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NICHOLAS J.HOFF 137
NICHOLAS J.HOFF 137
BY GEORGE S.SPRINGER
NICHOLAS J.HOFF, professor emeritus and former chairman, of the
Department of Aeronautics and Astronautics at Stanford University, died at his
home on the Stanford campus on August 4, 1997.
Nicholas was born in the small town of Magyarovar in western Hungary on
January 3, 1906. At the start of the First World War, his father, a prosperous
dentist, moved the family to Budapest. There Nicholas completed his secondary
education at the same Evangelikus Gimnazium as Eugene Wigner, Leo Szilard,
and John von Neumann. At this time he was an accomplished violinist and
seriously contemplated a career in music. However, his interest in sports,
especially in skiing and gliding, led him to engineering, which he studied under
Aurel Stodola at the Swiss Federal Institute of Technology in Zurich.
After graduation Nicholas obtained a position at the only Hungarian airplane
company at the time, the Weiss Manfred Aeroplane and Motor Works of
Budapest. Here, from 1929 to 1939, Nicholas designed training planes and
fighters for the Hungarian Air Force, with special interest in the airplanes’
structure. In the late 1930s he contacted Stephen P.Timoshenko and asked if he
could work toward a Ph.D. degree under his direction. Timoshenko accepted
Nicholas as his student, and Nicholas arrived at Stanford in 1939. After receiving
his Ph.D. in 1942,
NICHOLAS J.HOFF 138
Nicholas accepted a teaching position at the Polytechnic Institute in Brooklyn.
There he undertook theoretical and experimental studies of the stability of
monocoque-thin-walled and sandwich structures, and came up with results that
are still being used to prevent buckling.
In 1957 Provost Fred Terman invited Nicholas to Stanford to start a
department of aeronautical engineering. Under his leadership the department
developed into one of the leading centers of aeronautics and astronautics. While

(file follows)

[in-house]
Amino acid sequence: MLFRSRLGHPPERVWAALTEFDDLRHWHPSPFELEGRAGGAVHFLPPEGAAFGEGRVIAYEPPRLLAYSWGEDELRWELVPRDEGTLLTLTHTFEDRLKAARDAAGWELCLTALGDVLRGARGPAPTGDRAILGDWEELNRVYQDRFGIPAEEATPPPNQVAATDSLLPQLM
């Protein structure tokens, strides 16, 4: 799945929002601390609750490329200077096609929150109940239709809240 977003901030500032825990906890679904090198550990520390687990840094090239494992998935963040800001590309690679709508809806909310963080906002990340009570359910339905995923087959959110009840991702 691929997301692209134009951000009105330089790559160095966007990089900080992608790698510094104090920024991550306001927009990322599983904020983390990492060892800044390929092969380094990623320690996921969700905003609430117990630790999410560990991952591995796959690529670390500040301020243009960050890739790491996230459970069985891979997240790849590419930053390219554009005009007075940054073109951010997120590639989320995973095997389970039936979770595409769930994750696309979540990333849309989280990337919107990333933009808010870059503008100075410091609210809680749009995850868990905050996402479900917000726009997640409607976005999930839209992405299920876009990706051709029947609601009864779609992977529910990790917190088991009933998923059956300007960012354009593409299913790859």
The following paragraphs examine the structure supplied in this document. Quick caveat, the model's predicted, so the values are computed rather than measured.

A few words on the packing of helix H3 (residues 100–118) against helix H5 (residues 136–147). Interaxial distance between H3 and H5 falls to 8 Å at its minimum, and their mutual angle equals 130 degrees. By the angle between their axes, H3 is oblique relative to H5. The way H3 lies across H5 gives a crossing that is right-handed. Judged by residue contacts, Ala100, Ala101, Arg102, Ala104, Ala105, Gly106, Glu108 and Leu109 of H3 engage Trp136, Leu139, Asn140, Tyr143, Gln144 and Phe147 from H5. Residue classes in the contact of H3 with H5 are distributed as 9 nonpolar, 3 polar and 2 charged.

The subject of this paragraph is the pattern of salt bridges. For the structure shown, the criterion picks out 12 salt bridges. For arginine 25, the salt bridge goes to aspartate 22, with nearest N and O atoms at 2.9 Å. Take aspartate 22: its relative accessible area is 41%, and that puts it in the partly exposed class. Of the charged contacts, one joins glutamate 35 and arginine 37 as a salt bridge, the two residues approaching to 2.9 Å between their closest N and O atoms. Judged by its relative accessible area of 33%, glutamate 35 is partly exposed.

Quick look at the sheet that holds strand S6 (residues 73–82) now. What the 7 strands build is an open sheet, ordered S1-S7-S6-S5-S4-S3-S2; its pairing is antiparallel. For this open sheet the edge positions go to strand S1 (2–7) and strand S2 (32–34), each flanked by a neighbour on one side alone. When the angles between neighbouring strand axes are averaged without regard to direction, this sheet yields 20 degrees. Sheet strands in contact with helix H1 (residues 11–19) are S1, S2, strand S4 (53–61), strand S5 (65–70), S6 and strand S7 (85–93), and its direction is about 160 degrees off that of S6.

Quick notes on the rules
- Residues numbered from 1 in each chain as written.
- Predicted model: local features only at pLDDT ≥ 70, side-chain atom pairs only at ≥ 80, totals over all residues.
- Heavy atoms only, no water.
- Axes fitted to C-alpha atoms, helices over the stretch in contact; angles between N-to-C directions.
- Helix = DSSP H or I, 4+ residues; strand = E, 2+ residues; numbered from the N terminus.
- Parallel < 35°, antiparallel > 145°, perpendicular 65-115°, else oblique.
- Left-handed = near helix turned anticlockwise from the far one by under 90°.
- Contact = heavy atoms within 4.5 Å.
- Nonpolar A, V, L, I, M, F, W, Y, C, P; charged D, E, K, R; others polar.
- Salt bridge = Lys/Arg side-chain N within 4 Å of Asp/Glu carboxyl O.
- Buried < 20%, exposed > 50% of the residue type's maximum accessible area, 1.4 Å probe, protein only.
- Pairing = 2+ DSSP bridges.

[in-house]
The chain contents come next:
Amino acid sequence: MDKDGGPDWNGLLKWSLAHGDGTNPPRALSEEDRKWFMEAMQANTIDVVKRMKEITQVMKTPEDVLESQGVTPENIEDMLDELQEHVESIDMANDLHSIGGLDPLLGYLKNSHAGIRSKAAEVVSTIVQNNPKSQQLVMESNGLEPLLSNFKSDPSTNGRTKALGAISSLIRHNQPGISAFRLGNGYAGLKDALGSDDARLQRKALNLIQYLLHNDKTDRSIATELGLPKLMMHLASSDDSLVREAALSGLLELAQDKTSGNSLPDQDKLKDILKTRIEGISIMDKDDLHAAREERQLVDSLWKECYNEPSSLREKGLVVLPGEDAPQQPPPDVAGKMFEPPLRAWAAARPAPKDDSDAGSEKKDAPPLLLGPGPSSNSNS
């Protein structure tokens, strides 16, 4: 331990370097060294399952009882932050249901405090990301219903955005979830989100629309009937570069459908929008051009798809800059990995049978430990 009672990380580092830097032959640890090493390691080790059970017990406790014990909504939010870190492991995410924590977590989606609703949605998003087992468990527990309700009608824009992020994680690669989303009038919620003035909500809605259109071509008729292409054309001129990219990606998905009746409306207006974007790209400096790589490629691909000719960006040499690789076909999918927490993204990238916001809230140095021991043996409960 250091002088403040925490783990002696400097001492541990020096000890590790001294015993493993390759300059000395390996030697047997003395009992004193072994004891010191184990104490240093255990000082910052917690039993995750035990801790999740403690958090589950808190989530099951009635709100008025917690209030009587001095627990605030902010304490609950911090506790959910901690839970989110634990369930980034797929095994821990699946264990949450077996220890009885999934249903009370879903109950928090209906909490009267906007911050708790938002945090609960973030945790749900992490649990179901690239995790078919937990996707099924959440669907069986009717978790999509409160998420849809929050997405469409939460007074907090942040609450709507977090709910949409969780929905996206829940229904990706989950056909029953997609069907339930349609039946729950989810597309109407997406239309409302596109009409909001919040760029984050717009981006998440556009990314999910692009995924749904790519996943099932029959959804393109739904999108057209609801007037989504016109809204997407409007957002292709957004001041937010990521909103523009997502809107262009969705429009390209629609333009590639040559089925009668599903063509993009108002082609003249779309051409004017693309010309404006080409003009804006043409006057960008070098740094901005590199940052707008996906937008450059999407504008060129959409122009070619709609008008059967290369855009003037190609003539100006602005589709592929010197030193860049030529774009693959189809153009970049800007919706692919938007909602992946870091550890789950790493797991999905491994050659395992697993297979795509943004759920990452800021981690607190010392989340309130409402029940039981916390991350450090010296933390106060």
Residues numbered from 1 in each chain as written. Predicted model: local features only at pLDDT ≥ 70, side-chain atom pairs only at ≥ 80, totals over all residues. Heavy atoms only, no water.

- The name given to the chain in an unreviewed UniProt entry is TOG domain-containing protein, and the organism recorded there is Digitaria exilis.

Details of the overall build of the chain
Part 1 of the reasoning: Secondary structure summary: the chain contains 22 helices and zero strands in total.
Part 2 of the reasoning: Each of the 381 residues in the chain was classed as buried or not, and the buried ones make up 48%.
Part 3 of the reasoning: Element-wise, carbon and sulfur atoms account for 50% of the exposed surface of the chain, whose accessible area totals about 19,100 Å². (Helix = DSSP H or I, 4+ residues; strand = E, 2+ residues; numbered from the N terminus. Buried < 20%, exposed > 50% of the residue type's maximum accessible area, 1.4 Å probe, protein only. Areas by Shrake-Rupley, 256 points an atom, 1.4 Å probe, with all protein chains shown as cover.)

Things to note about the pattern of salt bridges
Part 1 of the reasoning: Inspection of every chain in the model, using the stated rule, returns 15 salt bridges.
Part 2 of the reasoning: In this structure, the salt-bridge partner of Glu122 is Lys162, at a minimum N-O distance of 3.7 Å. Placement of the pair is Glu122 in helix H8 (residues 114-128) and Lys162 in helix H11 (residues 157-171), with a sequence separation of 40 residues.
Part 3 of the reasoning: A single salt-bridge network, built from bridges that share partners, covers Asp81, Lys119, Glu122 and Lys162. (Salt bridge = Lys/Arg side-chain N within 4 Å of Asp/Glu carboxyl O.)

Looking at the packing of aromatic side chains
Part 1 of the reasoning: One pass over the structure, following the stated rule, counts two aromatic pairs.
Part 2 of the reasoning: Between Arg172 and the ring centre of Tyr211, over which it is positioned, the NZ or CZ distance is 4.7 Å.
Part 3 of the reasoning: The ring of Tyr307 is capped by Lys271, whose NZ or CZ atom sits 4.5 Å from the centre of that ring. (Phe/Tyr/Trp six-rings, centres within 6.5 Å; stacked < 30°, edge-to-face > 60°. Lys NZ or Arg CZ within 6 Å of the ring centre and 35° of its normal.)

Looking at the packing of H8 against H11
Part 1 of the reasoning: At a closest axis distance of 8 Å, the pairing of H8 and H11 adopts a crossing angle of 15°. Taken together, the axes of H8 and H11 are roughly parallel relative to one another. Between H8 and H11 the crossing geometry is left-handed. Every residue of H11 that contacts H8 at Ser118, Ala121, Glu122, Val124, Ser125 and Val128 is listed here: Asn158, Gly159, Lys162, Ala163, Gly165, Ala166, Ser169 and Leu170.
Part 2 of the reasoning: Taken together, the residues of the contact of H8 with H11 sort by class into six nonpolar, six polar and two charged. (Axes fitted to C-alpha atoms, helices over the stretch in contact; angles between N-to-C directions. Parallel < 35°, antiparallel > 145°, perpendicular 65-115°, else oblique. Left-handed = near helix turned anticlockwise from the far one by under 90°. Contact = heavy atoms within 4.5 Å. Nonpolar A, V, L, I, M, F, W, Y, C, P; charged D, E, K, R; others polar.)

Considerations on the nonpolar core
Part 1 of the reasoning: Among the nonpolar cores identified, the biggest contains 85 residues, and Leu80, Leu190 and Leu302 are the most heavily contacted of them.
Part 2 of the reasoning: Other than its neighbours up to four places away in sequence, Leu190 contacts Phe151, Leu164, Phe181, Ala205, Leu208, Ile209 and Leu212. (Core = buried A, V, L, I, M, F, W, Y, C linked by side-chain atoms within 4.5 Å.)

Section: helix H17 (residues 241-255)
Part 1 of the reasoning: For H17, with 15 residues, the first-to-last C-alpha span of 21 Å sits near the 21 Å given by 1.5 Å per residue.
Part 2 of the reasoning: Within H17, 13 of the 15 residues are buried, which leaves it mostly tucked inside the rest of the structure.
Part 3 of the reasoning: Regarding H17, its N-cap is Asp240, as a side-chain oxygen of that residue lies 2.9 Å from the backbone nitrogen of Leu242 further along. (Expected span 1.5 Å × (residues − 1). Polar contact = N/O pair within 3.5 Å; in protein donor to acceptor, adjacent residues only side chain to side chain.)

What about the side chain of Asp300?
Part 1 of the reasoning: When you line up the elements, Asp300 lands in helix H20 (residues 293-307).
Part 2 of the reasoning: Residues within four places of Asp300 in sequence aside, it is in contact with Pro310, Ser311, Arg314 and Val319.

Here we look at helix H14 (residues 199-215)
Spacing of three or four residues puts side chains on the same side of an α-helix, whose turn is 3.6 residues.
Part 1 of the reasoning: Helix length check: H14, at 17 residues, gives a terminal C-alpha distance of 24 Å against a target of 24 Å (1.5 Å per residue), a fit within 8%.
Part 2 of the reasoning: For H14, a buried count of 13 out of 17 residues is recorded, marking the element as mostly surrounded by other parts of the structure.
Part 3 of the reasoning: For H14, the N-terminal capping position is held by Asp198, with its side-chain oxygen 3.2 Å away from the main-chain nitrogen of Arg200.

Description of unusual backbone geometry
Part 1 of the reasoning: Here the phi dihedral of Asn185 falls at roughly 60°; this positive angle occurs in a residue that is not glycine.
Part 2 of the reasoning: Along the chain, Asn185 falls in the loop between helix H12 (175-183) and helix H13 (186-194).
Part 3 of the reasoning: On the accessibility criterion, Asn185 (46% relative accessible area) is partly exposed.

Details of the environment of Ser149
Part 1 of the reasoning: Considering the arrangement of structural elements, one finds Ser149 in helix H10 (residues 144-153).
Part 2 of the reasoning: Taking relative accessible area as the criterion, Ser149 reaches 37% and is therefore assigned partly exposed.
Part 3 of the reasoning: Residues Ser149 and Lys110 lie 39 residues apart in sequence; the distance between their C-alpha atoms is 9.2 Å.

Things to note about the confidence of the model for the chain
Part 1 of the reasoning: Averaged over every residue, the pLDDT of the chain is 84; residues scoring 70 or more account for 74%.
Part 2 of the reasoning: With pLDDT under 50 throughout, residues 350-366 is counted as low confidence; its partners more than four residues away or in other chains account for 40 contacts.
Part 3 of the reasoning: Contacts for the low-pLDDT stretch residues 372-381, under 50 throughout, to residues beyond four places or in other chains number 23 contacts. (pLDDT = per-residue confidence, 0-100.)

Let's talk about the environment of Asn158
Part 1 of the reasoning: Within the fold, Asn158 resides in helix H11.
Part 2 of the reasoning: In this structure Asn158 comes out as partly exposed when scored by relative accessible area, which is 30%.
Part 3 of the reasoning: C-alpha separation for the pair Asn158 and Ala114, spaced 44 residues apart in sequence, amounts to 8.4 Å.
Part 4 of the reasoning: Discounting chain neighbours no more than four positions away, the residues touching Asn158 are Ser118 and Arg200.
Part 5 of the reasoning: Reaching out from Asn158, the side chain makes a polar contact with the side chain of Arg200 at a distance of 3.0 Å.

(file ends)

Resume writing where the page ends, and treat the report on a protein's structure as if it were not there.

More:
at Stanford he continued his research on the stability of thin-walled structures,
and in 1966, published his widely acclaimed text Analysis of Structures.
After he reached the mandatory retirement age in 1971, Nicholas served as a
visiting professor at Rensselaer Polytechnic Institute and lectured widely in
Japan, Europe, and Australia. Nicholas kept up a vigorous schedule until just a
few months before his death. He swam every day and walked to the department
twice a week to consult with colleagues.
Nicholas received virtually every major award in his field, including the
Centennial Medal of the American Society of Mechanical Engineers (ASME) as
well as the Theodore von Kármán Medal and the Worcester Reed Warner Medal
of ASME. He was a recipient of the Daniel Guggenheim Medal of the American
Institute of Aeronautics and Astronautics (AIAA), the Von Kármán Lecturer of
the AIAA, and the Wilbur Wright Memorial Lecturer of the Royal Aeronautical
Society of London. He was elected to the National Academy of Engineering in
1965, the Hungarian Academy of Science, the French Academy of Sciences, the
French Academy of Air and Space, and the International Academy of
Aeronautics. Nicholas was also active in several engineering societies and was a
life member of the American Society of Civil Engineers, honorary fellow of
AIAA, and an honorary member of ASME. He was president of the 12th
International Congress of Theoretical and Applied Mechanics.
Nicholas is survived by his wife, Ruth Kleczewski Hoff, daughter-in-law,
Karen Brandt of Palo Alto, and brother George Hoff of Santa Barbara.
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